Woodshop Life Podcast podcast

3D Printed Jigs, Spraying at Home, Jointing an Edge and MORE!!

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Guy's Questions:

Why hello gentlemen. I have a crazy question for you all. I am about to build a vanity for my bathroom out of poplar. I am leaning towards staining the vanity, but I don’t know what to put on the vanity to protect it from moisture. Do you guys have any suggestions? If so, it would be very helpful. P.S. I am always looking forward to listening to show keep up the amazing advice  Thanks, Ethan Thompson !

Hi guys! Alissa’s question from the your last episode spurred a question if my own.  Alissa asked about homemade box joint  jigs and the consensus seemed to be that making your own box joint jig is more trouble than it’s worth because of the precision required (down to a few thousandths if an inch) and because of wood movement.  I was wondering if you had any thoughts on using 3d printers for jig construction.  My only experience with 3d printing was about 15 years ago when we got to use a primitive 3d printer in middle school woodshop class, so I don’t really know the capabilities of 3d printers today.  Do you guys think it would be beneficial or even possible to 3d print components to homemade jigs (anything from a miter bar to a complete jig)? It seems like 3d printing would give you more precision and no movement, unlike wood.  If it is possible, What jigs do you think would lend themselves best to bring 3d printed? Andrew

After hearing Guy mention Target coatings and Emtech finishes I signed up for their email.  They had a nice year-end sale and I ended up ordering their Emtech spray kit which is the Fuji LX-20 and some accessories.  I'm new to spray finishing.  I'm lucky enough to have a large 80 gallon 5 HP compressor, so I have plenty of air.  I'd like to know Guy's procedure for spraying small shellac projects. I've heard him mention he just whips out his spray gun and it's a quick process.  Do you lay down drop cloths?  Do you do anything for ventilation - I know with solvent and oil finishes you're supposed to, but I'm wondering if you bother if it's a small piece.  Do you have a fan setup to blow overspray away?  I will, of course, wear an organic filter respirator for any spray finishing I do, whether water based or not.  I haven't purchased a respirator yet, any recommendations? Scott Goldthwaite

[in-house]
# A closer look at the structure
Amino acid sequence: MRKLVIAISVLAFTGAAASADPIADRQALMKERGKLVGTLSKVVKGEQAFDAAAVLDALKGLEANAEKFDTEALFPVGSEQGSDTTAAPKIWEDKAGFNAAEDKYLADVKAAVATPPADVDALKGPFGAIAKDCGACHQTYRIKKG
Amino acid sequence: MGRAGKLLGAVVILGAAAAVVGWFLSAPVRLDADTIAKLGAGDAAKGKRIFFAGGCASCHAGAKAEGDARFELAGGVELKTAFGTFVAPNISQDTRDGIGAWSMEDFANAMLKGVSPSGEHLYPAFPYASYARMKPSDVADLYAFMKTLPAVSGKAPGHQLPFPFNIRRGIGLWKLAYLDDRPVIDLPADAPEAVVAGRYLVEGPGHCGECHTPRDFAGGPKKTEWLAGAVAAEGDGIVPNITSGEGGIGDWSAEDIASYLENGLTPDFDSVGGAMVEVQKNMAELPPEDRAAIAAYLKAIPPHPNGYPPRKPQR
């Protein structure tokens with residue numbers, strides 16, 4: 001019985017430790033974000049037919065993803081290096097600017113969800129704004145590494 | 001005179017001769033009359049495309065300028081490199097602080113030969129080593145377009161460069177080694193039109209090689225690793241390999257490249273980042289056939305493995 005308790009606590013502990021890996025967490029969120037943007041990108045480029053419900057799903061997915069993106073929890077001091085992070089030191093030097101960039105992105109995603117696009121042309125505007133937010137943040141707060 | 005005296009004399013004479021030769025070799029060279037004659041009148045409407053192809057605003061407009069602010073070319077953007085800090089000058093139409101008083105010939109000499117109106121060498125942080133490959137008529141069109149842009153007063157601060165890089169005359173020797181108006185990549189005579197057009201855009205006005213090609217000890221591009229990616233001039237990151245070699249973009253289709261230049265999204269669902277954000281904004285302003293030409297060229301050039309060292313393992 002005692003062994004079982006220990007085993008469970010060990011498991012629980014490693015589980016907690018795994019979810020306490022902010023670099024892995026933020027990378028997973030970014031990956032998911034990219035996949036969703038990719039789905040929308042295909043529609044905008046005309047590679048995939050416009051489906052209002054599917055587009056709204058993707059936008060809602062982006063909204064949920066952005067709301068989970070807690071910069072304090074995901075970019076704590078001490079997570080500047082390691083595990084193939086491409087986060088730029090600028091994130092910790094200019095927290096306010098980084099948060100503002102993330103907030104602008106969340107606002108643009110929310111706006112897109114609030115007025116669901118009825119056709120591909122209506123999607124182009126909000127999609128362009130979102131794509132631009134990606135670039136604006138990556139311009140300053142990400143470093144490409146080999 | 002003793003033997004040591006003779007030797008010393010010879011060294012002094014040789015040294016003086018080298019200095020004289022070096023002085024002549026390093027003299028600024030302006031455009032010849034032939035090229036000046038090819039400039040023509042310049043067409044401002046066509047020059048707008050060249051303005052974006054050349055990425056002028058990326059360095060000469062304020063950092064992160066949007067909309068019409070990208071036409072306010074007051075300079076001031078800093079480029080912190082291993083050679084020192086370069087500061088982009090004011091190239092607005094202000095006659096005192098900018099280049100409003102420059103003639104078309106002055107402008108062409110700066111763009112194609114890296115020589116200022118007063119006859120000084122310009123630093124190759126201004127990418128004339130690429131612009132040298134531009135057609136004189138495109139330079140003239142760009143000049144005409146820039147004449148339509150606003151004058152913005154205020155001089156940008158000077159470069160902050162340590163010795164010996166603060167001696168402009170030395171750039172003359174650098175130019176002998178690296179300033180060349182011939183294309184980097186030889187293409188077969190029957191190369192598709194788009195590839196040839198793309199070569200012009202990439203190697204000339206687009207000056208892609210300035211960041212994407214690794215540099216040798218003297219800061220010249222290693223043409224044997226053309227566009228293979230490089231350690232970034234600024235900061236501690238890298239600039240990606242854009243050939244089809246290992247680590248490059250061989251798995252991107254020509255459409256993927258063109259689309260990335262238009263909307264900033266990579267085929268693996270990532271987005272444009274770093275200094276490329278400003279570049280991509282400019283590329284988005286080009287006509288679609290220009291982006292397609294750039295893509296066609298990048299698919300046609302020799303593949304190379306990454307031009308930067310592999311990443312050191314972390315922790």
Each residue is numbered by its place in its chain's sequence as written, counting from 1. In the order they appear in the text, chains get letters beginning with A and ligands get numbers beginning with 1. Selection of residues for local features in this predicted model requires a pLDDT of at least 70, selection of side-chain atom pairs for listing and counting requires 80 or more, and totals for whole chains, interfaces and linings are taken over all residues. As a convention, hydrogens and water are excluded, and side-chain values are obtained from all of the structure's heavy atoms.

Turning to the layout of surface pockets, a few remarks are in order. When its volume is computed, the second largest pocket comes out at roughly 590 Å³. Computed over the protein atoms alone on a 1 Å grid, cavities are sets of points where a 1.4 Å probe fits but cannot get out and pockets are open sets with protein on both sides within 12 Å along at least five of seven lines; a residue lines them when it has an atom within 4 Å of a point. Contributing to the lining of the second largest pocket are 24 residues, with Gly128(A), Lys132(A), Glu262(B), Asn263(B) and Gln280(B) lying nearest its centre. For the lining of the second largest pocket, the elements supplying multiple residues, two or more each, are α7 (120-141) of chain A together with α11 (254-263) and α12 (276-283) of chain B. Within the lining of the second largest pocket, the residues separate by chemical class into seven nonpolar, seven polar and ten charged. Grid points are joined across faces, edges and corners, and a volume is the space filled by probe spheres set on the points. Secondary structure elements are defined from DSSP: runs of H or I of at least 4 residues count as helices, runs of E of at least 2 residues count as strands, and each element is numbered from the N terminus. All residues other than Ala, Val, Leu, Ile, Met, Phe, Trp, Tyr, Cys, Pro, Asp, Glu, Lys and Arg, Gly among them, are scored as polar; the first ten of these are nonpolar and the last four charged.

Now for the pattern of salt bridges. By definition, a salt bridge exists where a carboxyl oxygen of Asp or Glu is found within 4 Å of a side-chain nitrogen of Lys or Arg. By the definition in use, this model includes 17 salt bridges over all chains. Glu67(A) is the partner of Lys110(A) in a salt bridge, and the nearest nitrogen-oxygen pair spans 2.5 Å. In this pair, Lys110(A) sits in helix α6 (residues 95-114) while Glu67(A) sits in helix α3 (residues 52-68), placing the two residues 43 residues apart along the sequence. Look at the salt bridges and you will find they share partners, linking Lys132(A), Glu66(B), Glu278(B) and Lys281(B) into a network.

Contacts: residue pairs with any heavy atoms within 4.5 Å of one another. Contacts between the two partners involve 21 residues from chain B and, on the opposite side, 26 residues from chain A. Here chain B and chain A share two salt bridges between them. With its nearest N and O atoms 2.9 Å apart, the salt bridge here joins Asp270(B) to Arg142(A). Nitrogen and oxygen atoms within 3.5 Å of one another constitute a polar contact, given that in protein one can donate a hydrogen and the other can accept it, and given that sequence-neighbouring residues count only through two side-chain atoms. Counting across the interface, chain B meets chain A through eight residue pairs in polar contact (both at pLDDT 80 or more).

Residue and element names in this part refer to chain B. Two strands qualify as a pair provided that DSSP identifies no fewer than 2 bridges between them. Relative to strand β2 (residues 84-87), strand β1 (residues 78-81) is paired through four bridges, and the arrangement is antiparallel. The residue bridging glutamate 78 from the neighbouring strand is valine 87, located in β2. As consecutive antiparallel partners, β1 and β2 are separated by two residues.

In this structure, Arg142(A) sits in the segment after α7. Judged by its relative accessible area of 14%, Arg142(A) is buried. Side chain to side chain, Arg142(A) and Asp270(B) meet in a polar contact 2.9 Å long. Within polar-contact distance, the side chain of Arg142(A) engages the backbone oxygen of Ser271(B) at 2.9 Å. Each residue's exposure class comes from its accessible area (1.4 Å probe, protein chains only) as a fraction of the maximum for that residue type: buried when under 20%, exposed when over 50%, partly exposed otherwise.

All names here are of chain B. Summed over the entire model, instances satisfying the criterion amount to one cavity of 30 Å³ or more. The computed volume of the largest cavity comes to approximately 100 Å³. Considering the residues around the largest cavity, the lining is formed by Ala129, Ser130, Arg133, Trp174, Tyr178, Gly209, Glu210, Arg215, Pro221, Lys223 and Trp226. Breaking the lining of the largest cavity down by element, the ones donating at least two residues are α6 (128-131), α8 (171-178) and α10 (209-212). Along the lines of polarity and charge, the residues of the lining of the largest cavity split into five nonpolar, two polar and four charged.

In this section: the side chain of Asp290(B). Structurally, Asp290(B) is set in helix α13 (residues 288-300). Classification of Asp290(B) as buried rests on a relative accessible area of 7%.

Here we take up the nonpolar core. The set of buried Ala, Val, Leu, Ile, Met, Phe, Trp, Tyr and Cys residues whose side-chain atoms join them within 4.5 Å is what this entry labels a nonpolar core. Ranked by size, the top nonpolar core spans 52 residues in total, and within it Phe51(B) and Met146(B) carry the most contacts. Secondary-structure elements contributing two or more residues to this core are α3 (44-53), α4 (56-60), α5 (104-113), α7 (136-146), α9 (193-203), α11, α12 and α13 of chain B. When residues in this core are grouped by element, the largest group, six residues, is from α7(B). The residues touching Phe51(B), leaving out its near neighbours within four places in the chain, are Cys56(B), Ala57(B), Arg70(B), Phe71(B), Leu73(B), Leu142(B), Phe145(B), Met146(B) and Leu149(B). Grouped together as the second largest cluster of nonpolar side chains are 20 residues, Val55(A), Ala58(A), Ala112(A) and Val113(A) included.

Huy's Questions:

Hey guys, I've finally got caught up on all the podcasts and look forward to hearing the next one. I have a multiple part question here. I just got a commission on a 12 foot walnut bar and matching 8-10 foot table. My next purchase is going to be a jointer and I was wondering if a 74 or 76 inch bed jointer will be long enough or if I should just cut with my tracksaw and build a shooting board and joint everything with a hand plane? Also what would you use to dye and finish? Do you use pore filler to get a glass smooth surface or just let the finish take care of everything? Arntz Construction

Hello guys, I found your podcast a couple months ago and I’m hooked and really enjoy all the knowledge you share. I appreciate you guys taking your time to produce the podcast. My question is for my Rikon Benchtop Radial Drill Press (Model 30-140). I purchased this drill press a couple of years ago but have rarely used it mostly because of time constraints. But when I do use it, I have an issue with chuck runout. I’ve spent more time working on it then using it at this point. I checked the chuck spindle runout, and it is about .001 and once the chuck is installed, the chuck has .003 to .005 runout, with a new Fisch drill bit installed the runout on the drill bit shank varies .005 to .007 runout. Given the runout I have, I can’t get a decent hole when drilling anything. I’ve followed the instructions closely and cleaned all grease from the spindle and chuck and have reinstalled several times. I’ve tried several techniques of tightening the bit in the chuck which changed nothing. Is this a problem that is common, and do you have a recommendation to fix it, or can you recommend a better chuck? I’m considering purchasing a Grizzley Keyless chuck. Or should I sell this drill press and purchase a different one that would meet the needs of woodworking better? Thank you for your advice and keep up the great job on the podcast.  Daniel Held, Fort Colllins, CO

Hey fellas.  A buddy of mine asked me to replace some bad fence slats on his driveway gate.  The boards are 1/2" thick tongue and groove and look a lot like pine to me.  I have a couple questions.  First, do you think it's safe to use pine to get the best match with the existing boards, or should I just go with redwood and hope that it blends in when the entire fence is restained?  This gate is in Los Angeles, so we don't get much moisture.  My second question is regarding the design of the tongue and groove.  They have a sharp "v" profile and don't look like anything I've ever seen in the big box stores. (Photo attached). Have you guys seen this type of profile on a board before?  Where would you recommend I try to source these replacement boards from?  And do you have any recommendations for how I might go about milling up my own stock if I cannot find a match here in town.  Thanks for all your advice.  Matt Miller

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